The Obama administration today asked Congress for the authority to give a federal regulator “resolution authority” — and supervisory power — over large insurers as well as over other non-bank financial institutions.
Treasury Secretary Timothy Geithner has described the request in a written version of the testimony he now is delivering at a House Financial Services Committee hearing on the Treasury Department’s financial services regulation proposal.
The Treasury Department is using the term “resolution authority” to refer to the authority to seize and restructure troubled companies.
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Geithner says the resolution authority should apply to “bank and thrift holding companies and holding companies that control broker-dealers, insurance companies, and futures commission merchants, or any other financial firm posing substantial risk to our economy.”
In addition to resolution authority, “the single systemic regulator will also need to impose liquidity, counterparty, and credit risk management requirements that are more stringent than for other financial firms,” Geithner says. “For instance, supervisors should apply more demanding liquidity constraints, and require that these firms are able to aggregate counterparty risk exposures on an enterprise basis within a matter of hours. The entity regulating these entities will also need a prompt, corrective action regime that would allow the regulator to force protective actions as regulatory capital levels decline, similar to that of the [Federal Deposit Insurance Corp.] with respect to its covered agencies.”
Whether the federal regulator with the new authority would use that authority to regulate a troubled company would depend on “the financial system’s interdependence with the firm, the firm’s size, leverage (including off-balance sheet exposures), and degree of reliance on short-term funding,” Geithner says in the written testimony.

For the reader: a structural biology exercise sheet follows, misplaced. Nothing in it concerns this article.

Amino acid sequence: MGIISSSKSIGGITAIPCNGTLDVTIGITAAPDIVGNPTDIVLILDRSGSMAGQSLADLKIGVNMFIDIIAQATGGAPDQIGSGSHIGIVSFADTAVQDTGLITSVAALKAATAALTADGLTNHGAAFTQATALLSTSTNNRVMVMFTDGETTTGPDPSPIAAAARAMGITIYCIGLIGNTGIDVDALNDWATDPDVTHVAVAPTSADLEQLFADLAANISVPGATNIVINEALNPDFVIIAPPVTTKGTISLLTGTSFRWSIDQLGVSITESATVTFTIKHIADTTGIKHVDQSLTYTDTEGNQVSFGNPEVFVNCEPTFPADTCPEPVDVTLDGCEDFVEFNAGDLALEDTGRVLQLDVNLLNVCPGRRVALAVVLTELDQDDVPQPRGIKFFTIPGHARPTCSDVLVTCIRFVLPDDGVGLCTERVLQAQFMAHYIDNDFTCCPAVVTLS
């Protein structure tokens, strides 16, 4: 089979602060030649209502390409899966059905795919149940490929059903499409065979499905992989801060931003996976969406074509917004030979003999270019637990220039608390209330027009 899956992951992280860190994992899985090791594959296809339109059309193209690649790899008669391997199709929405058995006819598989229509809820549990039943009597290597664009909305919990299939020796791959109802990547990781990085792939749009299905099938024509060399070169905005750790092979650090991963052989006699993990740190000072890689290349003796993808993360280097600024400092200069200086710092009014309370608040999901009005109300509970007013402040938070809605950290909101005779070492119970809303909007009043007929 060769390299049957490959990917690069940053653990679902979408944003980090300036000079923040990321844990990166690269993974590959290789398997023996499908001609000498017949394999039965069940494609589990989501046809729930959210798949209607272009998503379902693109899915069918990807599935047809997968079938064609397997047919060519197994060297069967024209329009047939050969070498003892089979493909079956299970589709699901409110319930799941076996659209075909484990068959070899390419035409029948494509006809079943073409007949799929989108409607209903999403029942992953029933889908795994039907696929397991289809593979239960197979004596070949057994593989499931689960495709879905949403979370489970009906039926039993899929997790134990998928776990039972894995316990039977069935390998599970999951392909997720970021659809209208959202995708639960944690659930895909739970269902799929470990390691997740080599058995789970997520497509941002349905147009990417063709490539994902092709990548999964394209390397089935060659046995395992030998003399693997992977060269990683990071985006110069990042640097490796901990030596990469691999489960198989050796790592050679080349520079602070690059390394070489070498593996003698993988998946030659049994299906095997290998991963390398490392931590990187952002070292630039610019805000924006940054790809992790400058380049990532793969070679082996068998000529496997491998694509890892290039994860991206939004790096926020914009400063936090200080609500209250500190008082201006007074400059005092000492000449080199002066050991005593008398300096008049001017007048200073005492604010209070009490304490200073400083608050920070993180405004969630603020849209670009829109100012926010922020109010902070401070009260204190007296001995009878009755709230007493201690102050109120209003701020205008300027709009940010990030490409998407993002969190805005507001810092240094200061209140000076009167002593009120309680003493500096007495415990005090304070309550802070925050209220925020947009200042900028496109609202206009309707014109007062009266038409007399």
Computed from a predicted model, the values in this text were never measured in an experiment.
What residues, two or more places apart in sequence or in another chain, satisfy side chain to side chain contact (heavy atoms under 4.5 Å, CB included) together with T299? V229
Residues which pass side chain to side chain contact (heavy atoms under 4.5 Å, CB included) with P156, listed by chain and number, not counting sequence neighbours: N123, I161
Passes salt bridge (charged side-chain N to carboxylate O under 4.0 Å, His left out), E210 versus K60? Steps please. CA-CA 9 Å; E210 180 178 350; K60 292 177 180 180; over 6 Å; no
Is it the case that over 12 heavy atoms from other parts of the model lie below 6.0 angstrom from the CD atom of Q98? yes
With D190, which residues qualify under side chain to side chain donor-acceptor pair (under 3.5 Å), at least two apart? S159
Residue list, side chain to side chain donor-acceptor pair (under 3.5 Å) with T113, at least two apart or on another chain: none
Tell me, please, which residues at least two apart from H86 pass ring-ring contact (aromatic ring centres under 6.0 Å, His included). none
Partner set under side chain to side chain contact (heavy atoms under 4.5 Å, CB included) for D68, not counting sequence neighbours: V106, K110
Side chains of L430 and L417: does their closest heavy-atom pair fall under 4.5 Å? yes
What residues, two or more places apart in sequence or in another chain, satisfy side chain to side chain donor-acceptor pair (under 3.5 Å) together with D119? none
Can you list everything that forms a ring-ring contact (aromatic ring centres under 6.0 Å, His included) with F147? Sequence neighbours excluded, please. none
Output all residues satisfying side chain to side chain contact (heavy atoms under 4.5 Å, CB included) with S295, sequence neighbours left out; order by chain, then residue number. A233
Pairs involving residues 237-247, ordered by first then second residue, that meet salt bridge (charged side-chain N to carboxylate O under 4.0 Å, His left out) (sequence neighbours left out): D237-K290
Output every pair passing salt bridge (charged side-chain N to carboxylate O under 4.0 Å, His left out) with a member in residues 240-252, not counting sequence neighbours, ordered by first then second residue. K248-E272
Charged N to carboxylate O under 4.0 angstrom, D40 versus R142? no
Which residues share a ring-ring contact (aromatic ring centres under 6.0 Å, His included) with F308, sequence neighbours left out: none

The federal regulator also would consider the importance of the financial institution “as a source of credit for households, businesses, and governments and as a source of liquidity for the financial system,” Geithner says.
The request for federal authority over non-bank financial institutions is only a first step, Geithner says.
A more comprehensive framework for regulatory reform, to be released “in the coming weeks,” will cover consumer and investor protection, elimination of gaps in the regulatory structure, and international coordination as well as systemic risk, Geithner says.
“Let me be clear,” Geithner says. “The days when a major insurance company could bet the house on credit default swaps with no one watching and no credible backing to protect the company or taxpayers from losses must end. We must cover financial institutions that have the potential to pose systemic risks to our economy but that are not currently subject to the resolution authority of the FDIC.”
Optional Federal Charter Or Insurance Information Office?
During oral testimony at the hearing, Geithner expressed support for any legislation, such as measures to create an optional federal charter system or a Treasury Department Office of Insurance Information, that could help the Obama administration understand and oversee insurance.
Advocates of the OFC approach want to give insurers a choice between coming under the jurisdiction of state or federal insurance regulators.